• Please tell us if you are offered any funding or payment in kind from a third party towards the production costs before you make any commitment, including an offer of funding from a government department or charity. Such funding is rarely acceptable and may breach the Code as well as undermine our editorial independence so it is vital that you tell us. This includes a contribution from a newspaper that may also be covering the story.

Content treatments, the editorial specification, notebooks and rushes

Any content proposal which may potentially bring the producers or a contributor into conflict with the criminal law or give rise to a threat of police action against the content must be discussed from the outset with the commissioning editor and content lawyer or compliance advisor.

  • Content may attract the risk of legal and/or regulatory action. In the event of such action, all documents (which includes filmed rushes) produced in the course of the production may have to be handed over to Ofcom, the court, the police or even to those who are the subject of the content. This is commonly referred to as 'disclosure'.
  • It is therefore particularly important that all production documents, including but not limited to notebooks, email correspondence, rushes, treatments and the editorial specification are prepared carefully and professionally without unnecessary comment which could be misinterpreted. In the case of early treatments and the editorial specification, these should be drafted carefully and claims being investigated should be framed as allegations not as fact, to avoid any perception of bias or pre-judging the investigation.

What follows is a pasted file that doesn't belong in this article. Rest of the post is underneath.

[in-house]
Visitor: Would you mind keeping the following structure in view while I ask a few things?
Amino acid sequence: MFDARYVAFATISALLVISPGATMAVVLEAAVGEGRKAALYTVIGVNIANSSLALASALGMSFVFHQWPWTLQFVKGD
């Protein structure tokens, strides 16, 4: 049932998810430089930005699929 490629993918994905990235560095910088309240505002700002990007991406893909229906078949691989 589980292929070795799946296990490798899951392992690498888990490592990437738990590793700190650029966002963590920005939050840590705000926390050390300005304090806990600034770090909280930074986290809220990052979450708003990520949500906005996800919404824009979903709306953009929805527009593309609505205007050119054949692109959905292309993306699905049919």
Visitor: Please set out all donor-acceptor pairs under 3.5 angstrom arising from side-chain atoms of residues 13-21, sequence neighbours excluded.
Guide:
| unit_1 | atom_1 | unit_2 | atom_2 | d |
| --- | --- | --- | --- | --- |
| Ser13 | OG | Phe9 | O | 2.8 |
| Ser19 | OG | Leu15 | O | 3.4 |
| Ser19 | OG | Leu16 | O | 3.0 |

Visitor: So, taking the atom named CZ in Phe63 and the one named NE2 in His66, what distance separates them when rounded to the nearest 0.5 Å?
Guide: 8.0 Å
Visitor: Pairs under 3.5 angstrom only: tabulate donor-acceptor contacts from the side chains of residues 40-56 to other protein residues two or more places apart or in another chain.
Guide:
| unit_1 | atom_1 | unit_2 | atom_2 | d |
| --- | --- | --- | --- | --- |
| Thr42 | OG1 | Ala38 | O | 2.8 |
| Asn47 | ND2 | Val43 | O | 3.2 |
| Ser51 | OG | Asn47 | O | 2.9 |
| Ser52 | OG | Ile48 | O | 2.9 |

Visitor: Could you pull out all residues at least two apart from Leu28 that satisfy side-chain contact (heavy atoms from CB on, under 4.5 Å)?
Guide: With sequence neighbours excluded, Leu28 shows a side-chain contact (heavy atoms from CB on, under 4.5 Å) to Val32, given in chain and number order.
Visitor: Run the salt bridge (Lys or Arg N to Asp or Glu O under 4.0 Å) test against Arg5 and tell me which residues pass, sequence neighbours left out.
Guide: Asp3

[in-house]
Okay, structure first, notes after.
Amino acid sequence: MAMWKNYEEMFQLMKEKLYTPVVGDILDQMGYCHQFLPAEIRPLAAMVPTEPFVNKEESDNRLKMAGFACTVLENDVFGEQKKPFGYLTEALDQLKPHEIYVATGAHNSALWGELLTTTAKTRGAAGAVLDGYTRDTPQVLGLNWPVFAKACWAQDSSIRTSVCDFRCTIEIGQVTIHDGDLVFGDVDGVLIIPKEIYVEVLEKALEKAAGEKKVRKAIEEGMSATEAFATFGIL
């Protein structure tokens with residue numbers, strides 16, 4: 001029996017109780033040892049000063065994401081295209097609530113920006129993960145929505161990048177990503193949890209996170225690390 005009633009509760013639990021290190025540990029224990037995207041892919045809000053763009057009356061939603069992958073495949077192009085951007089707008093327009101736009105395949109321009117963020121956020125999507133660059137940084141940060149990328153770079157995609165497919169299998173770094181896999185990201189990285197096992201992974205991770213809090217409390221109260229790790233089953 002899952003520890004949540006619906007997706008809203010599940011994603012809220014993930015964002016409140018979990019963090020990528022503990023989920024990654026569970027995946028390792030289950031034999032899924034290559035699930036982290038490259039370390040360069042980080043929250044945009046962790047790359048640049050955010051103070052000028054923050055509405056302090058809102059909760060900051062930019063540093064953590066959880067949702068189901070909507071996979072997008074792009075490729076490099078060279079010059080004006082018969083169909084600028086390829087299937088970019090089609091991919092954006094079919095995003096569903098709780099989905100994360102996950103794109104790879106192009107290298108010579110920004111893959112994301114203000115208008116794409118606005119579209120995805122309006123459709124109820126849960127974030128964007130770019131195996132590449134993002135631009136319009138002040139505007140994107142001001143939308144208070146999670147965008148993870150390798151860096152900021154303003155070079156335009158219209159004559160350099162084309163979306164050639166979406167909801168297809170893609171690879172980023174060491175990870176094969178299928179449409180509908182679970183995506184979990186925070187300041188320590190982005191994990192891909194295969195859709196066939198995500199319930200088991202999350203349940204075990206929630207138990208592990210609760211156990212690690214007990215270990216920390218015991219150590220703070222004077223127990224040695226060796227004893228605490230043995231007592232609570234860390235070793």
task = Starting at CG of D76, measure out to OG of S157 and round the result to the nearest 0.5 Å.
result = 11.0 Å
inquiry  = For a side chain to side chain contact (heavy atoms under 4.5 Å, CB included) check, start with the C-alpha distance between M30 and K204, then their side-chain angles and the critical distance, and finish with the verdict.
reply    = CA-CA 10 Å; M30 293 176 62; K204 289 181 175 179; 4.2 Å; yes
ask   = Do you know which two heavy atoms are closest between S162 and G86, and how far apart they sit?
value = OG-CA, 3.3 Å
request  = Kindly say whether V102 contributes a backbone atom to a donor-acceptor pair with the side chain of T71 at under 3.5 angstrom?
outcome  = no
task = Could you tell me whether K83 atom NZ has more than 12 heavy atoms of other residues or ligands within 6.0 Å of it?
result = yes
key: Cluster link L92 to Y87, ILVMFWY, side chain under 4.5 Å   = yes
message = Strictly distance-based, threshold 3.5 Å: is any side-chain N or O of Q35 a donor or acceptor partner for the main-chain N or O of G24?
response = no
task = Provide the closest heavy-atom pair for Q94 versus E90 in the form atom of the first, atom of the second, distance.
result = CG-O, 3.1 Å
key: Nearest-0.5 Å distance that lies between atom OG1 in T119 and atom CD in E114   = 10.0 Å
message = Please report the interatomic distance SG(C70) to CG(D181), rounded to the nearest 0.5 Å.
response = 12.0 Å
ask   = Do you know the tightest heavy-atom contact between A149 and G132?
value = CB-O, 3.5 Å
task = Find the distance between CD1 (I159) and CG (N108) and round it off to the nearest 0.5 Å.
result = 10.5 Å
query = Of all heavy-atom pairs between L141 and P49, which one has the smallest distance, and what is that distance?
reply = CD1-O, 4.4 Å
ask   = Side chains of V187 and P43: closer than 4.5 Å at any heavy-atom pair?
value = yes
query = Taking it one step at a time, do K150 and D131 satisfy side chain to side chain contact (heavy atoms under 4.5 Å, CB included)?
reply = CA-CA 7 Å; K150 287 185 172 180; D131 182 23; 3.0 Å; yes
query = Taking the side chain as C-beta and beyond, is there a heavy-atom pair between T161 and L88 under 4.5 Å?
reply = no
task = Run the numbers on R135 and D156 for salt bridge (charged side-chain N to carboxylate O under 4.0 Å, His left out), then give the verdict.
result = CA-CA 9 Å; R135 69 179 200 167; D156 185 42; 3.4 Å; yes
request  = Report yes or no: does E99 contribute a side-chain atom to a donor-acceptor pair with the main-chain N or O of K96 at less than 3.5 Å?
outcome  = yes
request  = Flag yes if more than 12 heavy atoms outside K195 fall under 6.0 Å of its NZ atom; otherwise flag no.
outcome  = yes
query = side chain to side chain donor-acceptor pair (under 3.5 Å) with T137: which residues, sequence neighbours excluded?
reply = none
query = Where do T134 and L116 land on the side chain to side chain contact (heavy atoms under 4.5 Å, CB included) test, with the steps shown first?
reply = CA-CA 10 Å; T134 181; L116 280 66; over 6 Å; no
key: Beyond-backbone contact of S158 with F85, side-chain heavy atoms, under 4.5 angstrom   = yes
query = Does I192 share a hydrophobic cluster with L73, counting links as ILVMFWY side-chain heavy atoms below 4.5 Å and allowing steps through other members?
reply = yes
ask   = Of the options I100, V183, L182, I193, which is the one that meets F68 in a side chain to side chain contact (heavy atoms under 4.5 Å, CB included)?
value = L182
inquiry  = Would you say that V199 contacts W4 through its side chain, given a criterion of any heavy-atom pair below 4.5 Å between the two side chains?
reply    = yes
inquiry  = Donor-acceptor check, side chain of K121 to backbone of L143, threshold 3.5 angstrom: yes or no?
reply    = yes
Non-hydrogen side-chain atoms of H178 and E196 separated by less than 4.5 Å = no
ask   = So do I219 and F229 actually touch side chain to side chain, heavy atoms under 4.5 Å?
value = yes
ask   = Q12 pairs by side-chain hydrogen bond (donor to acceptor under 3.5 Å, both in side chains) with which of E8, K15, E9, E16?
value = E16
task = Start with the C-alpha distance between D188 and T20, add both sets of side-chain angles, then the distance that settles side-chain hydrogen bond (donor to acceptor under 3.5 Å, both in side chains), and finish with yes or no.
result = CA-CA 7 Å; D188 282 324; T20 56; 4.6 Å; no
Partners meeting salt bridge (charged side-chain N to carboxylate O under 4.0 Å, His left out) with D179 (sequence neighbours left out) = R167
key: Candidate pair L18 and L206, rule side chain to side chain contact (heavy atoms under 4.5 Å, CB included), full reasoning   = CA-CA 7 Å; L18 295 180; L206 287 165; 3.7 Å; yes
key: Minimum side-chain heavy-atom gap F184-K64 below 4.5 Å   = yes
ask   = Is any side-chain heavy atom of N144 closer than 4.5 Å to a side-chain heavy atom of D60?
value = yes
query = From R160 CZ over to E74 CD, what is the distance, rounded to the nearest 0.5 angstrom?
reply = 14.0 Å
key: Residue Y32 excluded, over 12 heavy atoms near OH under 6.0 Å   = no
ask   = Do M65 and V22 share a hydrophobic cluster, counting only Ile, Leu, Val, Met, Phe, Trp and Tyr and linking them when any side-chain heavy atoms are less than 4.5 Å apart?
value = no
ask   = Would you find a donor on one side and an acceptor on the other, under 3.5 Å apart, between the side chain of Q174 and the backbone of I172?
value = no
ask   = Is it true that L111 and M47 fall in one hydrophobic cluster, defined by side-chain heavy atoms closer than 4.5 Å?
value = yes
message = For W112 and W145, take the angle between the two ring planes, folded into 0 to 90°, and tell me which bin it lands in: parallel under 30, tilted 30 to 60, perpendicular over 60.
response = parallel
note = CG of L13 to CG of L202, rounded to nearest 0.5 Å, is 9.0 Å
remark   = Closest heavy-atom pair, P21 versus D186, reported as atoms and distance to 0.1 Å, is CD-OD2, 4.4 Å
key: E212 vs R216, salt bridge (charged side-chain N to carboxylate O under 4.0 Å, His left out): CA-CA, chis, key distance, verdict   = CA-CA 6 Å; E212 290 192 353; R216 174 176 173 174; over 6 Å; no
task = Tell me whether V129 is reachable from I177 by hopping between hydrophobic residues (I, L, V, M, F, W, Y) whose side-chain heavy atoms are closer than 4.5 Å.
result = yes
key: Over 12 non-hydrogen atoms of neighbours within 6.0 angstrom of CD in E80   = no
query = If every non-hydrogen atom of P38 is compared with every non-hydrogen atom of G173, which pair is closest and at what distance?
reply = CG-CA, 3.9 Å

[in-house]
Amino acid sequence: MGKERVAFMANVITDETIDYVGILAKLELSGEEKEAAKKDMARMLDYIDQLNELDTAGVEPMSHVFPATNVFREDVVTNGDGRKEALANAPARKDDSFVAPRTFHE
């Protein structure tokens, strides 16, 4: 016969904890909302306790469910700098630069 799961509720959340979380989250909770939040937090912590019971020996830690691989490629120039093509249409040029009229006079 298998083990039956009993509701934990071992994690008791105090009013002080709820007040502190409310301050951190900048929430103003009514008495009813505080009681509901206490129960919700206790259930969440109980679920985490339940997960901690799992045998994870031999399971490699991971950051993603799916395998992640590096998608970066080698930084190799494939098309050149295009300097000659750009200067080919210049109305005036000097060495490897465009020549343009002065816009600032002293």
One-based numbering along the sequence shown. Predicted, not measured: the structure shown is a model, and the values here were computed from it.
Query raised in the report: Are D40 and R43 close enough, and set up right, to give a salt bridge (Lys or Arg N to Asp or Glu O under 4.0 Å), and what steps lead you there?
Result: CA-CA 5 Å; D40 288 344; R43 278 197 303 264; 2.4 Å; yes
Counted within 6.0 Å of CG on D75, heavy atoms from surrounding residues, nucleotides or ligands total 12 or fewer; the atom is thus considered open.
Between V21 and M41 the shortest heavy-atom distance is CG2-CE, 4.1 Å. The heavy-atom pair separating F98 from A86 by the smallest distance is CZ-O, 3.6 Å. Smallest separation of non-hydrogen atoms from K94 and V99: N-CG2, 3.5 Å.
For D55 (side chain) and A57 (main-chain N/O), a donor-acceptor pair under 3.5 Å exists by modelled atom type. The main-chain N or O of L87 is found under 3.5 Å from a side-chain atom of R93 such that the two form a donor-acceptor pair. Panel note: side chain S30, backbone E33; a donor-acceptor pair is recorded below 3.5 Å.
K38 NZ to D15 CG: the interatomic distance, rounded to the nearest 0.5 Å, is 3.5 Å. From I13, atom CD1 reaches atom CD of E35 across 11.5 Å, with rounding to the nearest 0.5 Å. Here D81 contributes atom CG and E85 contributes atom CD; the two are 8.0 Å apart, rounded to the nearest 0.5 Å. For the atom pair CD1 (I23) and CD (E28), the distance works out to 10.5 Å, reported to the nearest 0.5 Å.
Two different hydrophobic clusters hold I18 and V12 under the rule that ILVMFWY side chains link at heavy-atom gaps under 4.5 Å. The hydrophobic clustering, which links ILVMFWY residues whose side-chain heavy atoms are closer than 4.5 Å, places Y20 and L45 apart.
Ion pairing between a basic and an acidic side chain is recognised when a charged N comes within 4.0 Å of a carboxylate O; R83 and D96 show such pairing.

• In the case of rushes, it is particularly important that all members of the production team are reminded that comments or activity at the beginning and end of interviews or GV's or pieces to camera, are likely to be viewed and heard by Ofcom and in the case of legal proceedings by the subject of the complaint.
  • It is also good practice to keep the content material separate from material for other projects in notebooks or computer folders. It may be necessary to use clean laptops or mobiles on some content.
  • When carrying out investigations or work for content which may attract police attention for disclosure at a later stage, it is sensible to mark material as "journalistic material for the purposes of the Police and Criminal Evidence Act".
  • Material which has not been included in the content such as rushes and/or documentary evidence must not be passed to third parties including other journalists without the prior approval of the Commissioning Head and Controller of Legal and Compliance.
  • All content material including the rushes must be retained for a minimum of 12 months from first broadcast/publication of the content on Channel 4.